Day 66 | Lesson 4 (User Experience)

In the previous lesson, I learned about the importance of having a navigation menu. Today, was all about the site layout, and (again) making sure visitors don’t get lost trying to find the information they need

All sites have a home site, and then some will have their sites split into separate categories like “About Us”, “Contact Us”, “News”, “Products” etc. The further the viewer dives the more information they’re gathering.

screen-shot-2016-11-15-at-2-40-57-pm

Sometimes, search engines will take visitors to another area in the site that isn’t the home page, so it’s important to have page titles that show in the tabs. Sometimes, when visitors have multiple tabs open in the browser, the page title will get cut short so it’s important to lead with the most important information and keep it under 64 characters. Also, run it in the reverse of bread crumbs. Example: instead of Hansel and Petal > Weddings > Bridal Bouquets, lead with was is most relevant to the page like: Bridal Bouquets | Weddings | Hansel and Petal.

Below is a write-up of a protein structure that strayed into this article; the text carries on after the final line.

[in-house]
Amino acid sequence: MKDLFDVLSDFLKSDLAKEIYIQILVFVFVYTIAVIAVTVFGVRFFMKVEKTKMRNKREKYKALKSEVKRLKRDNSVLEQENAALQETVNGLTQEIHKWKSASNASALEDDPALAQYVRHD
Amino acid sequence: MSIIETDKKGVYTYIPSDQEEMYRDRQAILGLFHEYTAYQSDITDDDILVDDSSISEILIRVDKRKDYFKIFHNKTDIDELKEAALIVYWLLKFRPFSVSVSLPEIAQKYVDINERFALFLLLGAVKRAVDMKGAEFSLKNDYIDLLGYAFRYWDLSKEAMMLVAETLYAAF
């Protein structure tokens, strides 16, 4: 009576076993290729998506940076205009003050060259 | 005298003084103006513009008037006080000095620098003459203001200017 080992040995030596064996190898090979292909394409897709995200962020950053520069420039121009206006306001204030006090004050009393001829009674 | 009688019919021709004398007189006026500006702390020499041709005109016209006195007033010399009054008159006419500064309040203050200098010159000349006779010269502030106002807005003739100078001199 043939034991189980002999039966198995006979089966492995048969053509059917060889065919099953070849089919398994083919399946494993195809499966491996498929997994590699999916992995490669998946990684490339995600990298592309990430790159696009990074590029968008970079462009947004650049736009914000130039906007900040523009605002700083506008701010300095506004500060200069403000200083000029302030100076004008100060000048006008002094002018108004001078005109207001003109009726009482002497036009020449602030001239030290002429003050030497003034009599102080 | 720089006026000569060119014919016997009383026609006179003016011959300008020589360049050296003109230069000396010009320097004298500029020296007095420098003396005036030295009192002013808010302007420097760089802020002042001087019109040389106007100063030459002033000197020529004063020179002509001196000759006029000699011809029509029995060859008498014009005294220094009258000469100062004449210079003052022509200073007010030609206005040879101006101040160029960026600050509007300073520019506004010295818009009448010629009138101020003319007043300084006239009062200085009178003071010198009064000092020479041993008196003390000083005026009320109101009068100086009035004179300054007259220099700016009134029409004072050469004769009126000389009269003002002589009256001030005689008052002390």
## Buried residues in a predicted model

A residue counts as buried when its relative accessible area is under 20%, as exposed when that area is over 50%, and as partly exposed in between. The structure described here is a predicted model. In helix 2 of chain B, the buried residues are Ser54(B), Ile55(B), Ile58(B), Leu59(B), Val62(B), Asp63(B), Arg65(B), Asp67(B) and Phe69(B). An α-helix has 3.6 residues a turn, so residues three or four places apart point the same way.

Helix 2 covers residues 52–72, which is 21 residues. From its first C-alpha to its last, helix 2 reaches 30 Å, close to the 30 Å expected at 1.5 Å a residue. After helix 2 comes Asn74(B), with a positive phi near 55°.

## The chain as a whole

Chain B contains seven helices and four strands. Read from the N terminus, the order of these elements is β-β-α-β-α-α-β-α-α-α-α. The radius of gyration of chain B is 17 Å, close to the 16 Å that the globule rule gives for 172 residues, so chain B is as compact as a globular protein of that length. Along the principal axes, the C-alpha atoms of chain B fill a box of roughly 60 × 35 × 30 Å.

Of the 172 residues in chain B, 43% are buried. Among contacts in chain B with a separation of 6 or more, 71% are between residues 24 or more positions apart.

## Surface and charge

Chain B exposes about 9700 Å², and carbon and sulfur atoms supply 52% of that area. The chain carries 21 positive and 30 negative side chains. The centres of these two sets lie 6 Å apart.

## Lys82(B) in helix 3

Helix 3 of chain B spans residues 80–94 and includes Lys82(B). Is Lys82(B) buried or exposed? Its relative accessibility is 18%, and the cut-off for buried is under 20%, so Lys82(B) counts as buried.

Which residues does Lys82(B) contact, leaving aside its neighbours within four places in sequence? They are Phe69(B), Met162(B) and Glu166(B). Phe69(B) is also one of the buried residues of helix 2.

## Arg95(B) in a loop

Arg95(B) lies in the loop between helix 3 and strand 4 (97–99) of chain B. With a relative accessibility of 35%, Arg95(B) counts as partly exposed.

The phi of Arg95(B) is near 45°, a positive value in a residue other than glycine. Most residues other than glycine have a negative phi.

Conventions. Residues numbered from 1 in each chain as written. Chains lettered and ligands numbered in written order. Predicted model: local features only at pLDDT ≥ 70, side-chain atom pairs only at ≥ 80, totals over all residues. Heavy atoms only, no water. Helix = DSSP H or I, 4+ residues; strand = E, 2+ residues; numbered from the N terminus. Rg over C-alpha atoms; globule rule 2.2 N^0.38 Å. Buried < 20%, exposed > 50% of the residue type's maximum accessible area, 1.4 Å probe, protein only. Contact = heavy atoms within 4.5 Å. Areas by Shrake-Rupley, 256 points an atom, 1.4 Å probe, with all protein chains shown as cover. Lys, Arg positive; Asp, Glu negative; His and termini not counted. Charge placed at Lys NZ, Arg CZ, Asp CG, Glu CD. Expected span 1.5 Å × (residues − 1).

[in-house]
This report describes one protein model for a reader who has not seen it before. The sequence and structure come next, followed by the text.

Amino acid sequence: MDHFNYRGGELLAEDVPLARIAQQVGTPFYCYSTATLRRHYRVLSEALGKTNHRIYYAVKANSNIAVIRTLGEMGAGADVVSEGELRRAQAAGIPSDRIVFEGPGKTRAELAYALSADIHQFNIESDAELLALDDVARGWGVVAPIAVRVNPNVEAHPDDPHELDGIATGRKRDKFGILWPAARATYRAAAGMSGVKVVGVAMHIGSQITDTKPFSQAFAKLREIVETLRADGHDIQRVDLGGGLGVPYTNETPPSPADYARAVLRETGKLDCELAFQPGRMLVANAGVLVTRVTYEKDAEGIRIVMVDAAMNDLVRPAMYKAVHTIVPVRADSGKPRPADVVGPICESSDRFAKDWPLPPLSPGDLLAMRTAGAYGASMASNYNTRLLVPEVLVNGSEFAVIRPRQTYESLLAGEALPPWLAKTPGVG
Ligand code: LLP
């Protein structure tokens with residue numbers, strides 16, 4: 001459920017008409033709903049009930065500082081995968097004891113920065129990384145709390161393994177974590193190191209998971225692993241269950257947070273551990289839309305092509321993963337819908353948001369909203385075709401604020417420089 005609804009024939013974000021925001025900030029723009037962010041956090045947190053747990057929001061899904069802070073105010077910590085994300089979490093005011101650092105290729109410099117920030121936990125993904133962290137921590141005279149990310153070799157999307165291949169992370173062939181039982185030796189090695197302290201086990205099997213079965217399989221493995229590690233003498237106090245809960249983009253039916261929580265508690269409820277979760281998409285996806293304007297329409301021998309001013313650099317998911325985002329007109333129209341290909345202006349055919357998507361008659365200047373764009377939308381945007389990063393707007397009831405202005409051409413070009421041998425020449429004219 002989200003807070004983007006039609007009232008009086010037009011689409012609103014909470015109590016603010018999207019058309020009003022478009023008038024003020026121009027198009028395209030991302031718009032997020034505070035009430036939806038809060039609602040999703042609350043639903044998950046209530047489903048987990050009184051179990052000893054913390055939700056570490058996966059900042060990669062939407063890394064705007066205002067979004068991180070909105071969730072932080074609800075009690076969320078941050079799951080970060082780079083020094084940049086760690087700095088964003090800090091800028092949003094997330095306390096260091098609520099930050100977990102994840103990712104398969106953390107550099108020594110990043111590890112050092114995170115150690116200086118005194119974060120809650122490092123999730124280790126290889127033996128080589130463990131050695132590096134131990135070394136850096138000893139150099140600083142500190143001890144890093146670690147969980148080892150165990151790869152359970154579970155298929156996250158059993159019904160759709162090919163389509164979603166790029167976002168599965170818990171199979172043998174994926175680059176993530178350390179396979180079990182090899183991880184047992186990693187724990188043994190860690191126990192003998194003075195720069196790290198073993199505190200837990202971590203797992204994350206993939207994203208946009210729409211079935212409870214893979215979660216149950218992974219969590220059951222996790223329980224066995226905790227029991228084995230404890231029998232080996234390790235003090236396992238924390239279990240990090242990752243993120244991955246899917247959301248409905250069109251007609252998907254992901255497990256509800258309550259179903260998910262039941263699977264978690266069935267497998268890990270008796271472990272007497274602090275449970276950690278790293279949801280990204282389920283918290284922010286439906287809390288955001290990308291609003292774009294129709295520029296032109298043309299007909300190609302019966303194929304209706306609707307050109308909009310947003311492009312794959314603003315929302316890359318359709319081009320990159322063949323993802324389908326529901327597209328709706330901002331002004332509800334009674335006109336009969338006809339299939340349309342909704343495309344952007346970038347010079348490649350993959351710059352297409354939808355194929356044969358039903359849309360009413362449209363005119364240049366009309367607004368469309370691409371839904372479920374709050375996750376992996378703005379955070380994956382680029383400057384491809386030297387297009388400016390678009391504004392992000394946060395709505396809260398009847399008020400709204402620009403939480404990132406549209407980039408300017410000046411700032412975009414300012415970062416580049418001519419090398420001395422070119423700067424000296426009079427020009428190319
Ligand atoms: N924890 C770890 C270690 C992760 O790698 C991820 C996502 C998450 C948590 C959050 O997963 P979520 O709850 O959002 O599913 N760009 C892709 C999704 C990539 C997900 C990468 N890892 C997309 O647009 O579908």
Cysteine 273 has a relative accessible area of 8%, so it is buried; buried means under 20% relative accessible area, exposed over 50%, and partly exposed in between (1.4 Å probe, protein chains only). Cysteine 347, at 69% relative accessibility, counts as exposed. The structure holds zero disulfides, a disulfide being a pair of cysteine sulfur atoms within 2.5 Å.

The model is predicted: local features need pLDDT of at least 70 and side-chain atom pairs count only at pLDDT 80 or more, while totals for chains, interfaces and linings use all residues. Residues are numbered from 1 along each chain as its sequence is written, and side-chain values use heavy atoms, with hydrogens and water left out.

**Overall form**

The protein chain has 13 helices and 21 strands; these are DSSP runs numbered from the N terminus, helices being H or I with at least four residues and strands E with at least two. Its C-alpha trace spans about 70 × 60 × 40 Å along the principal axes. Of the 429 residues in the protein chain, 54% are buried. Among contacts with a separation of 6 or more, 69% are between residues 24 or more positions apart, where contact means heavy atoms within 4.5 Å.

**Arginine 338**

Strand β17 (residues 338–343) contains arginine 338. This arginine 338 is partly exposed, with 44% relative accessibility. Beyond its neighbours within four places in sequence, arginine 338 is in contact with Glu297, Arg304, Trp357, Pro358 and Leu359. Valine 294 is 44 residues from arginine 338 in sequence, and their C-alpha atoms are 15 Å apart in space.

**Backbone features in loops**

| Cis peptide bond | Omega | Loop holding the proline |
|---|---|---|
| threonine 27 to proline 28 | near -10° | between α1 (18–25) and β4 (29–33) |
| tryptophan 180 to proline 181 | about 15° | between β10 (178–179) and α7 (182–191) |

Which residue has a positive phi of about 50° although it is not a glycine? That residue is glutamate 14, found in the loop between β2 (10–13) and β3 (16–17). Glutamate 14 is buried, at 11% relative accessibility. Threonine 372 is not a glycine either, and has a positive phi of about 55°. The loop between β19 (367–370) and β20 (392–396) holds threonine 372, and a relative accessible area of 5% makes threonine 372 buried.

Ultimate, having a website is about getting information to your visitors.

There are three main ways to display information:

screen-shot-2016-11-15-at-3-02-33-pm

Which style you choose depends entirely on the information you’re trying to get across.

A reason to not split this information into Sequential pages or Splitting is to prevent confusion and if this information is more than likely to be printed. Wikipedia is a good example of using the scrolling display. In this case, use lots of subheadings to keep information uncluttered, and use in-page links so visitors can quickly jump to the content they’re interested in.

Reasons to split information is if it’s an article, a photo gallery, and/or has step-by-step instructions.

If you use the Sequential or Splitting displays, consider uploading a PDF or “Printer Friendly” version of the information so that visitors can print if they want.

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